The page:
What is the real reason runners get injured so often? Surely, it cannot be about over-training or weaknesses in our bodies! Our bodies were designed to run. Our ancestors ran for their food and to survive. They didn't need to take time off from running/hunting because of a hamstring injury or a tight IT band! So why can't modern day runners continue to run without pain or injury? What is at the core of this issue? What is the real reason runners get injured so often?
I believe that as runners we all form similar beliefs and desires around our ability to run. We develop a particular thought pattern which is actually a self-sabotage trap that we fall into; and, unfortunately, we are not even aware that we are doing it. Tell me -- is the following scenario familiar to you?
When I was learning how to run, it was so exciting. The first time I ran for 10 minutes, I thought, "Wow I can actually run!" Then I ran for another 10 minutes and continued to run for longer until I completed my first 5 km. It was a wonderful accomplishment for someone just learning to run.
I continued to increase my distances to 10 kms, then to a half marathon and eventually to a full marathon. It was an incredible feeling to run those distances for the very first time. Who would have thought it possible in the beginning? I felt a wonderful sense of achievement!
At some point as my running ability progressed, my perspective changed. I now considered myself to actually be a runner. I was no longer just learning to run--I was a runner! With this realization, my whole attitude towards running changed. I developed expectations (and criticisms) of myself. I wanted to improve, get faster, and obtain new goals.
When I completed my first half marathon with my training group, we were all so happy with our accomplishment. We now knew that we were capable of running that distance, so we should be able to easily complete another one and run it even faster. However, with this self-imposed pressure to maintain or improve our performance, doubt crept in.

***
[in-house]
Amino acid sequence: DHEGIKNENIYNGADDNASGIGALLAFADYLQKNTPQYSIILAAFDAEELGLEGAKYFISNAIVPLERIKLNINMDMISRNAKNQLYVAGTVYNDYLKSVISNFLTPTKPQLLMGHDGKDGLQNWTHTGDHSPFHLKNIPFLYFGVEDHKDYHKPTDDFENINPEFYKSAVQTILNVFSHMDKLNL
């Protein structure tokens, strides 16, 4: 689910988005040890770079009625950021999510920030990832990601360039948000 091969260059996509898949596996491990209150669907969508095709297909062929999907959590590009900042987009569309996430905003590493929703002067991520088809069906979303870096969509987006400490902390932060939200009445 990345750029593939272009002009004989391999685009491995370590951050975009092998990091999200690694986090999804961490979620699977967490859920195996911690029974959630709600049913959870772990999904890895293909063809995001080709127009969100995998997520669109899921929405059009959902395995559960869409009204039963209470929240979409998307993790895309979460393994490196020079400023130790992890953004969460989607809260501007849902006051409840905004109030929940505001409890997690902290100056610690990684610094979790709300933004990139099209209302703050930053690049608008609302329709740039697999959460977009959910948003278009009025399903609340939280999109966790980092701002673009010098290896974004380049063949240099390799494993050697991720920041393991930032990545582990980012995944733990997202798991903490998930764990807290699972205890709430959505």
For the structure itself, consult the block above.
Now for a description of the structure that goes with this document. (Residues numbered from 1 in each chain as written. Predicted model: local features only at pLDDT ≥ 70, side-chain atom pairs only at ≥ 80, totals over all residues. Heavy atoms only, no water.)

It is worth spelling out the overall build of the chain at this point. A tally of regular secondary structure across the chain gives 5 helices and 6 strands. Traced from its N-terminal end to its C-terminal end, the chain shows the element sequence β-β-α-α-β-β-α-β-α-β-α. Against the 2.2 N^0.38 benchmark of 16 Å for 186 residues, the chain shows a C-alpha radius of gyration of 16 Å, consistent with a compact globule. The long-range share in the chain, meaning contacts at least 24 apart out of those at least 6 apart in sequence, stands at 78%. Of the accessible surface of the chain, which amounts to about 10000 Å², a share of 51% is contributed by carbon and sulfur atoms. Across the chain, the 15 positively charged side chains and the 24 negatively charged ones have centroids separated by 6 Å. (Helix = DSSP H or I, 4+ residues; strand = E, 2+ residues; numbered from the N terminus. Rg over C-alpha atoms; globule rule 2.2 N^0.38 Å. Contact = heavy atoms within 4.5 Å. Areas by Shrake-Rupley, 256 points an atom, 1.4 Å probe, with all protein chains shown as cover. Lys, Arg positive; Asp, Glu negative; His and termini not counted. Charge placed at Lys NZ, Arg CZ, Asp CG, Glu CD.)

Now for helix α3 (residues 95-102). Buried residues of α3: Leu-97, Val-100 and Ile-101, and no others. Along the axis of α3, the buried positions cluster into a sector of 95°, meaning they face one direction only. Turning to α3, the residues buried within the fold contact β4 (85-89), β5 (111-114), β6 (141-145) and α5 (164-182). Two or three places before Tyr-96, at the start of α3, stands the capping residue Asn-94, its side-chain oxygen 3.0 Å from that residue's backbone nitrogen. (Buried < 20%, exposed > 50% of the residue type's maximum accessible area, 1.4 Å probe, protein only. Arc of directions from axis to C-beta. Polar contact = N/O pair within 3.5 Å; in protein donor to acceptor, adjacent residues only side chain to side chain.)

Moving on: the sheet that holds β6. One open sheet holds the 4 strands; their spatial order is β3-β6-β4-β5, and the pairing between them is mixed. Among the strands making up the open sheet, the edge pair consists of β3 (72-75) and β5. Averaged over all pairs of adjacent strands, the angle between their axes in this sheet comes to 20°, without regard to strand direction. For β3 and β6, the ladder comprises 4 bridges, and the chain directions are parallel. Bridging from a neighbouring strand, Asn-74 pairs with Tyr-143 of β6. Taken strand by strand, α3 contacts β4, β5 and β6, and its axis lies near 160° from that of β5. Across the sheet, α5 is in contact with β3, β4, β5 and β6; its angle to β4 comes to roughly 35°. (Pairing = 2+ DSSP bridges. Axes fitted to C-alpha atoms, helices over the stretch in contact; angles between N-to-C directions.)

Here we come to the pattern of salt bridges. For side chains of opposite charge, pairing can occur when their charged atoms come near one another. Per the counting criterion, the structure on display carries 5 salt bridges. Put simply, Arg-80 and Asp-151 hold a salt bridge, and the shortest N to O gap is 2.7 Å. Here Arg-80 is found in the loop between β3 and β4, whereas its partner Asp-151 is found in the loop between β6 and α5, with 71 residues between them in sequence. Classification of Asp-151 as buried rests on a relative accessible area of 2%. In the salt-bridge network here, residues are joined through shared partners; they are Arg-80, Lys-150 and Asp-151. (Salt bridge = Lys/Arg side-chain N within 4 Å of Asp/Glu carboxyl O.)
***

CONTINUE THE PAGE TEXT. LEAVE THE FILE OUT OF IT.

What if we couldn't finish our next long training run or the race we signed up for next month? If we can't meet our own expectations, we will be extremely disappointed with ourselves. We developed a fear of failure -- a fear that we may not accomplish our goals or even repeat what we have already accomplished.
All these thoughts of doubt, fear and disappointment begin to affect our energy and our running ability. We have difficult runs much more often. Sometimes we struggle for the duration of the run and when we finish (if we finish), we feel exhausted, sore, and disappointed. We dread the next scheduled run. We continue to silently criticize ourselves for not running well, and we look for physical reasons for our "weakness."
It's no wonder runners get injured so often!
Every thought we think has a physical reaction and an emotional response. If we repeat the same thoughts consistently, they form beliefs; and we tend to act in accordance with our beliefs. Our body responds in a way that is consistent with our thinking and beliefs about ourselves.
If we continue to think negative thoughts about ourselves, how do you think our body will respond? It will respond consistent with the quality of our thoughts. This is evidenced by studies in Manual Muscle Testing.
Muscle strength was tested using true or false statements and also positive and negative statements with consistent results. For example, muscles test stronger to a positive statement such as, "I am amazing" but weaker in response to a negative statement such as, "I am stupid." Read more about: Use Behavioural Kinesiology to Become a Stronger Runner
Consistent negative thought patterns often result in a running injury that prevents us from doing any running. It is a form of self-sabotage and subconscious self-punishment. Perhaps in our subconscious mind we really want a break or rest from running and the pressure and stress!
When we are sidelined with a running injury, we feel frustrated and confused. Why did this happen to me? We need only look inside ourselves for the answer. An honest examination of our thoughts will often provide the real answer to that question.